New drivers across the country get their license each day. However, considering that the legal, unrestricted driving age is just 17, it pays to practice good driving habits now so your children learn from an early age. Further, if you’ve had multiple tickets or accidents, changing your bad habits can help you be a safer driver. Driving can be an enjoyable experience, but only if you arrive at your destination safely.
Here are a few smart habits that will help you along the way.
Know Your Limitations
First and foremost, you should understand that you can’t drink and drive without some loss of abilities. Drinking just two beers, for example, can result in visual issues and loss of judgment. Add just one more bottle and your reaction time and ability to track moving objects become significantly impaired. Before imbibing, know your limits, and give yourself plenty of time to metabolize the alcohol in your system before getting behind the wheel. Healthline estimates that a single glass of wine can take three hours to work its way through your system.
Know Your Vehicle’s Limitations
Most cars, trucks, and SUVs are fully equipped to handle paved roads, but a smaller vehicle may not handle off-road excursions as well. However, for city driving, a smaller car is usually going to be a more economical option that will use less petrol and probably be easier to maneuver in and out of small parking spots. Take some time to research the pros and cons of your new vehicle before making a purchase. Also take a look at your driving habits and make sure your choice falls in line with your real-world activities.
Leave the Phone in Your Glove Box
Just as drinking and driving can reduce your ability to drive safely, texting or talking on the phone while driving can be just as impairing. And as tempting as it is to grab your phone and respond to a text or check your social media, becoming one of 6,000 people who die each year as a result isn’t worth it. Plan to leave the phone out of reach, connect it to a Bluetooth system, or install an app that blocks the ability to text while driving.
Watch the Speed Limit
There is a lot that goes into how speed limits are determined, says Tom Sohrweide, a traffic engineer with SEH. Going too far over or under the posted speed limit creates a driving hazard for you and anyone else sharing the road. Be a conscientious driver by sticking as close as possible to the speed limit, or moving to a different route if you feel uncomfortable with the high speed of the interstate or the slow, stop-and-go conditions of the city and suburbs.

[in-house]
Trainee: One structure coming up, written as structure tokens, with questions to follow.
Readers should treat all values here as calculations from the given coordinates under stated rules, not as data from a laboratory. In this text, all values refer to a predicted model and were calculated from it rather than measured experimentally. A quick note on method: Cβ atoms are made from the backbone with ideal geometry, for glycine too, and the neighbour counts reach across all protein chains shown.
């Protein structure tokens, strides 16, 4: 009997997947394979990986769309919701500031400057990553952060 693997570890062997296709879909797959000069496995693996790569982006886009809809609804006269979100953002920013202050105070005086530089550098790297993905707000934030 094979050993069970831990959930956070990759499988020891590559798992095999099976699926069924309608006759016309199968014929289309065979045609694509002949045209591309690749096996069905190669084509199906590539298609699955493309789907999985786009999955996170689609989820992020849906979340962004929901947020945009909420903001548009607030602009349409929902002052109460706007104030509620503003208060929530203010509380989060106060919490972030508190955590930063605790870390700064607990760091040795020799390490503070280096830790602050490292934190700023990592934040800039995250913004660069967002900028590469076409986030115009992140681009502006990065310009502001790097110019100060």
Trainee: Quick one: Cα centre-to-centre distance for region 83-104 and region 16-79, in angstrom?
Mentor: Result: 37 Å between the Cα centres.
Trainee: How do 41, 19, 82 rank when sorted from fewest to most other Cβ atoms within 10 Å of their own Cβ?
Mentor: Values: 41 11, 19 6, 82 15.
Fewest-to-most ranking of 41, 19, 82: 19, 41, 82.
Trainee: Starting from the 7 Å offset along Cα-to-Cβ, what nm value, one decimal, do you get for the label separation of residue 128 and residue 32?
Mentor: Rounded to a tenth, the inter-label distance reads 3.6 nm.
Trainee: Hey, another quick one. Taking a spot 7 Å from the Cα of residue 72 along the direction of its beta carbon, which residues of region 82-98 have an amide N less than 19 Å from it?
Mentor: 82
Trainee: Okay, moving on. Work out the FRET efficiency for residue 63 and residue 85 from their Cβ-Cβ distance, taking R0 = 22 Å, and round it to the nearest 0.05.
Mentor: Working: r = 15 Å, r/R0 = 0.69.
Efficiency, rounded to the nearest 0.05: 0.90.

Never Drive While Drowsy
Another issue with impairment is driving while tired. Considering that drowsiness-induced crashes can be just as fatal as alcohol-related incidents, it pays to keep yourself from behind the wheel when your eyes began to droop. In order to reduce the likelihood of driving when you’re tired, make sure you’re getting enough sleep each night. You can improve your sleep habits by keeping your bedroom quiet and dark and by avoiding caffeine and sugar before bedtime. You can also raise your focus and energy levels by eating a balanced diet and taking a multivitamin each day.
This is not a complete list of healthy driving habits. However, these touch on several important aspects and should give you something to think about as you enjoy the privilege of operating a motor vehicle. Remember, you are not only responsible for yourself and your passengers, but you put the lives of other drivers on the line every time you crank the engine.
Image via Pixabay
Article written & sent in by Mark Conner